Countries also have a role in shaping the circular economy. The global adoption of a universal development model is certainly not easy and complicated by development gaps between countries. The priorities of economic players (government, cities, sectors, companies, citizen) need to be balanced while working on initiatives. The silver lining is that examples like FairPhone do exist where markets have agreed on technical and functional requirements related to modularity of components. FairPhone was founded by Bas van Abel, Tessa Wernink and Miquel Ballester as a social enterprise company in January 2013. The company's website states that its mission is to "bring a fair smartphone to the market – one designed and produced with minimal harm to people and planet". This gives hope that it is possible to implement common governance tools for a circular economy. Standards about water reuse, eco-design or lifespan of products could also support the shift to smarter practices.

EU Government has already taken the lead by setting ambitious circular economy targets. In January 2018, the European Commission adopted a new set of measures, as part of a Circular Economy Action Plan that call for plastics packaging to be recyclable by 2030, a monitoring Framework on progress towards a circular economy at EU and national level. In 2016, Finland was the first country to publish a national roadmap to become circular by 2025. Netherlands aims to achieve a 100% circular economy by 2050. Significant EU investment and private funding is now available to businesses that can demonstrate use of artificial intelligence to further circular economy. For example, the European Investment Bank has provided EUR 2.1 billion in co-financing circular projects. The Dutch Government has announced an additional contribution of 80 million EUR to promote Circular Economy in 2019 and 2020.

Philips, a global firm, has already started incorporating circular practices, products and models into their business. 15% of its total revenues by 2020 is expected to be from circular products and services. In 2018, revenues from circular propositions was 12% (over 2 billion EUR). Adidas, Lego, IKEA, Akzo Nobel, DSM-Niaga, ING Bank and others are adopting circular business practices.

Organizations like Stuffstr that help consumers to sell their used clothing back, Optoro who help retailers to manage process and sell returns, TOMRA that uses images and data from cameras to identify non uniform produce, Wasteless that helps retailers sell food before it goes bad, Notco that creates plant based substitutes for foods made from animal products, Motivo that has developed a computational suite to reduce waste in the manufacturing process of integrated circuits are already leading the way in terms of applying artificial intelligence to accelerate circular economy.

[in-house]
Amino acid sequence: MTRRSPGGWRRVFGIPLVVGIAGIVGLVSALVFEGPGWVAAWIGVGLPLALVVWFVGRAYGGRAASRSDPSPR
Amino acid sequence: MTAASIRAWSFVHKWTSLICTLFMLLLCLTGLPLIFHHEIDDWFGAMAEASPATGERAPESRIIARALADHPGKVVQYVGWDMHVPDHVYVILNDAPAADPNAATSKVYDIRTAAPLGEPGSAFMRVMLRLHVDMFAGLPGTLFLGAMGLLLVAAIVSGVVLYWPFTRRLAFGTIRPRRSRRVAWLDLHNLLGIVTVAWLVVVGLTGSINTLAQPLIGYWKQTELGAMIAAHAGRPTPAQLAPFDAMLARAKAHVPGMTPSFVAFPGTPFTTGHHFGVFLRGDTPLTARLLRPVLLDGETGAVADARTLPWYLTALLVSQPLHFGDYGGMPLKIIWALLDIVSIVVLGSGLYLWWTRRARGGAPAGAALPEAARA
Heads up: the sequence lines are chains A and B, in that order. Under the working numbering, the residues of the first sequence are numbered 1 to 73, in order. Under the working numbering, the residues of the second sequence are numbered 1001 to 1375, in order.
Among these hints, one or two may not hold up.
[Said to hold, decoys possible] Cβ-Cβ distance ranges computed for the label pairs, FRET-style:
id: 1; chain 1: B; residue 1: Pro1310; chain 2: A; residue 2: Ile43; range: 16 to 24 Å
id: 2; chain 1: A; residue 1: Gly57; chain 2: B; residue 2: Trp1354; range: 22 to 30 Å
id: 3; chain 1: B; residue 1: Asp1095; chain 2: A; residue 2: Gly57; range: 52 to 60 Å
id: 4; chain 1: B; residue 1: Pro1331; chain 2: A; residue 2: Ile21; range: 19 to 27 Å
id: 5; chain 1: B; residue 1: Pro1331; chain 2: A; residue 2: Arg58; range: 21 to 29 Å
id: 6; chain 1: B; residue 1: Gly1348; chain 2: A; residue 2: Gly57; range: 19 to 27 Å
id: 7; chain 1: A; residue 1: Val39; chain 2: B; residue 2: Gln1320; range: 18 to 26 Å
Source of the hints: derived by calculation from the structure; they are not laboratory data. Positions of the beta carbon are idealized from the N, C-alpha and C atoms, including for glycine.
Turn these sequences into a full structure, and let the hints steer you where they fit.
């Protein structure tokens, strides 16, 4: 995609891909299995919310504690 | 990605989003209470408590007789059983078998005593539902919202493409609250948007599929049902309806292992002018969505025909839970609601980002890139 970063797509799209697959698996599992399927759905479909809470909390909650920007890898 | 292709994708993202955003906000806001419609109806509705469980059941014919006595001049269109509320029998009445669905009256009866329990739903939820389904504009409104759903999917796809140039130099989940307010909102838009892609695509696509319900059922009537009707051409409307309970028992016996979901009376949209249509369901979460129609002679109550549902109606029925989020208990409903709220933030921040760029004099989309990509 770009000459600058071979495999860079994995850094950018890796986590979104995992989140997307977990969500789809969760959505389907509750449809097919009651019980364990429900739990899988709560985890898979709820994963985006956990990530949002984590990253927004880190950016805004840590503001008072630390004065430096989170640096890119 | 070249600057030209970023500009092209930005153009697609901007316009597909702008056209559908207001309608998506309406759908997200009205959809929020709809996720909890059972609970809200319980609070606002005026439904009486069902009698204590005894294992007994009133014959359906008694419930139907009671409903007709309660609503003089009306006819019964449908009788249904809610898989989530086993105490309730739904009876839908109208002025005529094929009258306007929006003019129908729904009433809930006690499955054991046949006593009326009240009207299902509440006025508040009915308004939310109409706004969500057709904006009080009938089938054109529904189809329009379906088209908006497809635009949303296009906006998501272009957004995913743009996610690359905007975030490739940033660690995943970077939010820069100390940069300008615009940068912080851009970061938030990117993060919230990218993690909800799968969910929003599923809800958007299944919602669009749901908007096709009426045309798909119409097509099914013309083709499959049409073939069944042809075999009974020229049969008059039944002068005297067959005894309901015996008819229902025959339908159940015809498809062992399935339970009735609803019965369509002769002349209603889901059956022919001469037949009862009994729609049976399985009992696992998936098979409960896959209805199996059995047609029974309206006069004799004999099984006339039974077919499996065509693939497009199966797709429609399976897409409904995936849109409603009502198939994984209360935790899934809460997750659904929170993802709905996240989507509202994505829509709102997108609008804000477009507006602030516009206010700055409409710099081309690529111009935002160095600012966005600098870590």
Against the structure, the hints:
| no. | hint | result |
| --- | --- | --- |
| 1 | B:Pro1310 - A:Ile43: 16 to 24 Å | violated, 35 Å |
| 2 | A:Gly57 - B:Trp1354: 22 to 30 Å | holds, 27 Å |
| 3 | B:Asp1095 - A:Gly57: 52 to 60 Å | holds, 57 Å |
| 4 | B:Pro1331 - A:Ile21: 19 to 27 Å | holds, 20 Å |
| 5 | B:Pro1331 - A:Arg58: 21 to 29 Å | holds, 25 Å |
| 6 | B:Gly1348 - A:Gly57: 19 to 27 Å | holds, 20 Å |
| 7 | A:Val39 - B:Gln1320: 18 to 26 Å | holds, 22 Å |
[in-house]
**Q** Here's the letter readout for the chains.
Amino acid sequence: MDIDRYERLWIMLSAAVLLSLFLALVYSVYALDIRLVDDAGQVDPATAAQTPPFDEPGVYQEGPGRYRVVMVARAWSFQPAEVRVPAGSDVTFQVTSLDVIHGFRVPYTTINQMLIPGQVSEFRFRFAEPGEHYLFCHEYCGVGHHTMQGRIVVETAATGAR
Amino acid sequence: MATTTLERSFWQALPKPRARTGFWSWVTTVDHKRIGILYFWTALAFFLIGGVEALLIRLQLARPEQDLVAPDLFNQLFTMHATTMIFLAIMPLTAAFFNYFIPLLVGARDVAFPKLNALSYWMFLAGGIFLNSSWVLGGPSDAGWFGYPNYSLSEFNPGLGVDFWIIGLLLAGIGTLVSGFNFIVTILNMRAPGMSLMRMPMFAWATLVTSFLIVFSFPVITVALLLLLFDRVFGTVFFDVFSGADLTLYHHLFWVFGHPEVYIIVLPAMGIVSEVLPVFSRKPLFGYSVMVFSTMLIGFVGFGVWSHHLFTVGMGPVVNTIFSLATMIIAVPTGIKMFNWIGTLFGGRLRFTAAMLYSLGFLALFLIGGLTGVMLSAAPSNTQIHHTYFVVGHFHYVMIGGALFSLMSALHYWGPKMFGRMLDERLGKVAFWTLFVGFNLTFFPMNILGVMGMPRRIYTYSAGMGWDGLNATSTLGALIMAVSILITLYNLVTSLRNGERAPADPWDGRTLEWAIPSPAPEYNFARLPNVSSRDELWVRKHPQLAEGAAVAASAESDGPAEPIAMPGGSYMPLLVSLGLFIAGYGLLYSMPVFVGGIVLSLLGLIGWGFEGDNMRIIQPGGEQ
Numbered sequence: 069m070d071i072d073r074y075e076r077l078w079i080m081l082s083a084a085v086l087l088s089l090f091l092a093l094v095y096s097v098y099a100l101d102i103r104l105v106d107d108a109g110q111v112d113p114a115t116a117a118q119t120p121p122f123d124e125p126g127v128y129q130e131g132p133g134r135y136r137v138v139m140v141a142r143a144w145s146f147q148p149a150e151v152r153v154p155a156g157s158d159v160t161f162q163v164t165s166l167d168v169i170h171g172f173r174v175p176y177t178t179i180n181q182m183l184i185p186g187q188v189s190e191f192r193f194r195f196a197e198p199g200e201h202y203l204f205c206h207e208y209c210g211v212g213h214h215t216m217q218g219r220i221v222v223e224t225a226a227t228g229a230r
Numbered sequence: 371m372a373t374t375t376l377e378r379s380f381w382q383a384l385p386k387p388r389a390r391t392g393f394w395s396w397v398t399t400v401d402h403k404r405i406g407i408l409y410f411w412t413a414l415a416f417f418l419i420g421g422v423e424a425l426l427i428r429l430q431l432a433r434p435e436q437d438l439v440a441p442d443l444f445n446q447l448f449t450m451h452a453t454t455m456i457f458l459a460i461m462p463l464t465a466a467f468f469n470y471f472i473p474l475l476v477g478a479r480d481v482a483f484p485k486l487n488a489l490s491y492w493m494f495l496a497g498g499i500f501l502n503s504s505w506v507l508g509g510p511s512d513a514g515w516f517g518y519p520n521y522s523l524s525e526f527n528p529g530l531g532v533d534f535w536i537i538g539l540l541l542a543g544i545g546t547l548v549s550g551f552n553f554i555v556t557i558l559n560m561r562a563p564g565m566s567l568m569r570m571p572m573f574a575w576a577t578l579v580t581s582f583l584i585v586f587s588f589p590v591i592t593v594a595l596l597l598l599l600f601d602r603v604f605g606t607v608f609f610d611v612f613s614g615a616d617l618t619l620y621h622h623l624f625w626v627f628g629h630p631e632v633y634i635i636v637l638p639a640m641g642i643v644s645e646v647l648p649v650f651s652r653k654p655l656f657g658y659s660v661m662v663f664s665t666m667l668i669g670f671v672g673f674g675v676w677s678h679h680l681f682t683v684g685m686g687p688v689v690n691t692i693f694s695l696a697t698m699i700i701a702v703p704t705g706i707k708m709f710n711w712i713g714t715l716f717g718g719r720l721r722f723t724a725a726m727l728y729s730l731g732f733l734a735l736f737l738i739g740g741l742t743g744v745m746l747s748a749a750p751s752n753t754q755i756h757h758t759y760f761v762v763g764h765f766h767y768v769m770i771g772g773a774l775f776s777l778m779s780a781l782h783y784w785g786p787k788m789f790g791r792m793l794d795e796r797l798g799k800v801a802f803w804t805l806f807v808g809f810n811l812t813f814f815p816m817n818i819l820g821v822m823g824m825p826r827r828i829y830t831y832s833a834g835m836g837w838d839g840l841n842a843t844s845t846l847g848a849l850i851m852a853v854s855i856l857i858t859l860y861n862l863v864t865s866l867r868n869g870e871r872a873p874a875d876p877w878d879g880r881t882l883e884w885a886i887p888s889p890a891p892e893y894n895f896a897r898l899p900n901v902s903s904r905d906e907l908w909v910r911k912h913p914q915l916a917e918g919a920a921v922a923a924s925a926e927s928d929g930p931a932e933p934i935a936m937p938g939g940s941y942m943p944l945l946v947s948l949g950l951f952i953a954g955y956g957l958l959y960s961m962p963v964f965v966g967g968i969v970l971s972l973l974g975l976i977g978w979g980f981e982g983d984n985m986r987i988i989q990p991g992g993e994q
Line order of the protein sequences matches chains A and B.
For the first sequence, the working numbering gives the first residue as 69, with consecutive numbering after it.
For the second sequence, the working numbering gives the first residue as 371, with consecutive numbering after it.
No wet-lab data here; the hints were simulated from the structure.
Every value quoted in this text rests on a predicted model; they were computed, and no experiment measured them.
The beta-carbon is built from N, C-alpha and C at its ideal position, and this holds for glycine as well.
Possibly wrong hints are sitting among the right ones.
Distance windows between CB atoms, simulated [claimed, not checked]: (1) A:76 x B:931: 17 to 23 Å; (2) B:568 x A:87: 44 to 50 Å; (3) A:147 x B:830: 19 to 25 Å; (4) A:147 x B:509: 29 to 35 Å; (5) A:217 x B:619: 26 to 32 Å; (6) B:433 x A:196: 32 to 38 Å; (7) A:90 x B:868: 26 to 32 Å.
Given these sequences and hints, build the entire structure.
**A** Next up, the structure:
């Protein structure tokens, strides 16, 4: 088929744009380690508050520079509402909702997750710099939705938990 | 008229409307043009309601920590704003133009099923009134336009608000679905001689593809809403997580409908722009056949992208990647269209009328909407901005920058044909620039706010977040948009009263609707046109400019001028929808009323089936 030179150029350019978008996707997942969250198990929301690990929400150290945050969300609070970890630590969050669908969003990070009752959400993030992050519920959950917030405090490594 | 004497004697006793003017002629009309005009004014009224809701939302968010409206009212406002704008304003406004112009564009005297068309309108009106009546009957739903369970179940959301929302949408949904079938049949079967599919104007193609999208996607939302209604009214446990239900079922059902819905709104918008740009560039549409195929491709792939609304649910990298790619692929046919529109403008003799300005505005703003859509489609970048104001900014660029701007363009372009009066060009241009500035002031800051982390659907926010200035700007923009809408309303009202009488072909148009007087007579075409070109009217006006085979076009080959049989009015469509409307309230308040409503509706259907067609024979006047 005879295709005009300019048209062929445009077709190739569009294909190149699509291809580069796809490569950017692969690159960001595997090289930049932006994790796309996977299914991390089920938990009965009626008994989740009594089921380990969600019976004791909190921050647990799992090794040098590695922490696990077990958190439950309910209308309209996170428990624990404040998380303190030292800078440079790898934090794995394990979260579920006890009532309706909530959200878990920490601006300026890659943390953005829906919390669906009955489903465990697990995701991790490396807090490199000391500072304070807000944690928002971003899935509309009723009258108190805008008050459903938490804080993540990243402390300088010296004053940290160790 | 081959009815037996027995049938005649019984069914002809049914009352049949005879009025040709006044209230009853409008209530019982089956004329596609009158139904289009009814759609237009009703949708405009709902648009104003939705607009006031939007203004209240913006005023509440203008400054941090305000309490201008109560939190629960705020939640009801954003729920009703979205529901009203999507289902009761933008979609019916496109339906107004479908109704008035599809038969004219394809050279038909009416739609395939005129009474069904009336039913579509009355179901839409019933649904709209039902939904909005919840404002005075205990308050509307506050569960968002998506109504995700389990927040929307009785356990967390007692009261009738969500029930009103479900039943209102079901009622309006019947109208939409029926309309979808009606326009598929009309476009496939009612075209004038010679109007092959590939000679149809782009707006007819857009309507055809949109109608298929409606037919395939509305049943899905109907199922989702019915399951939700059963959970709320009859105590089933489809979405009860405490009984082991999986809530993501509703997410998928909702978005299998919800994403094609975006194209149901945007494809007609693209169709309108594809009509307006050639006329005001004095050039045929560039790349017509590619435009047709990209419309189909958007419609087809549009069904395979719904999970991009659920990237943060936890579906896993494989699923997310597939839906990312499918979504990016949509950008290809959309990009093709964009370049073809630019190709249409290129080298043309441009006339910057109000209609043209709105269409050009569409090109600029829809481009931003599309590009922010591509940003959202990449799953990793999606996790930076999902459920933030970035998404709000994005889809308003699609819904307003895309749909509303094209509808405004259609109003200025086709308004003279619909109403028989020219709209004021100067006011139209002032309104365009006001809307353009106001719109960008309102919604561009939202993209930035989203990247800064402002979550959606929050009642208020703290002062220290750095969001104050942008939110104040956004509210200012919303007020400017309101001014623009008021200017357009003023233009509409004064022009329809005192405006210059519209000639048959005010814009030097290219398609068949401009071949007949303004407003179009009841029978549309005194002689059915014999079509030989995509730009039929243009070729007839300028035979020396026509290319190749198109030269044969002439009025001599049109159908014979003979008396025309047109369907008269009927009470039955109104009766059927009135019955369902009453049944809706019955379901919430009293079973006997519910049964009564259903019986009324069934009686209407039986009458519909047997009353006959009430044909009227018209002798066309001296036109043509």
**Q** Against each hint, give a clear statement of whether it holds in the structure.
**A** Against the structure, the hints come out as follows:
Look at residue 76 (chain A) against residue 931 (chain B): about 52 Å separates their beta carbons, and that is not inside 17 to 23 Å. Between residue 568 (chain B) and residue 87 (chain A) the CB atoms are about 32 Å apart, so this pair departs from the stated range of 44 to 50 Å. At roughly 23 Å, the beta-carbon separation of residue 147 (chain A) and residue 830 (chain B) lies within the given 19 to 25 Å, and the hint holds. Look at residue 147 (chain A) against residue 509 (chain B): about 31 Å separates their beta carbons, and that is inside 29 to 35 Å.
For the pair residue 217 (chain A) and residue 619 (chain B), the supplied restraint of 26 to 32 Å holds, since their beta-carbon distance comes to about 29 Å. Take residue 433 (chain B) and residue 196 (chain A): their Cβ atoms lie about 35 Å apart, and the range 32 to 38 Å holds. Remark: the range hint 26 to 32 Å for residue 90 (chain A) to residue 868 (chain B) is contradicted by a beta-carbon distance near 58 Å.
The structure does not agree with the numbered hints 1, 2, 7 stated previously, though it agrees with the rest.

Indian policy makers, to continue avoiding excessive degradation of natural assets, should look at their programs of much-needed development, and design it in a sustainable and circular manner. For instance, Indian policy makers have already made a start by supporting policy adjustments in the case of cold storage facilities for potato producing regions. As India embarks on its smart cities mission, circular economy principles hold great relevance. Creating buildings in cities with fully closed water, nutrition, material and energy loops will pave the way for living buildings of future. Circular mobility systems in cities would be multimodal. Smart cities would use artificial intelligence to suggest best mode of transport within the city. Cities like Helsinki have adopted it. India has embarked on a bold multi-modal logistics policy. Indian cities now need to incorporate it. Food systems in cities as well as the different products in cities need to be examined. This has repercussions on waste management in cities. India is at the cusp of major transformations with a slew of announced policies. Public-private and cross-sector collaboration at a scale, not seen in India thus far, would be needed to make it a success. It is now time for the Indian private organizations to play their part by developing a circular economy roadmap leveraging on advancements in artificial intelligence.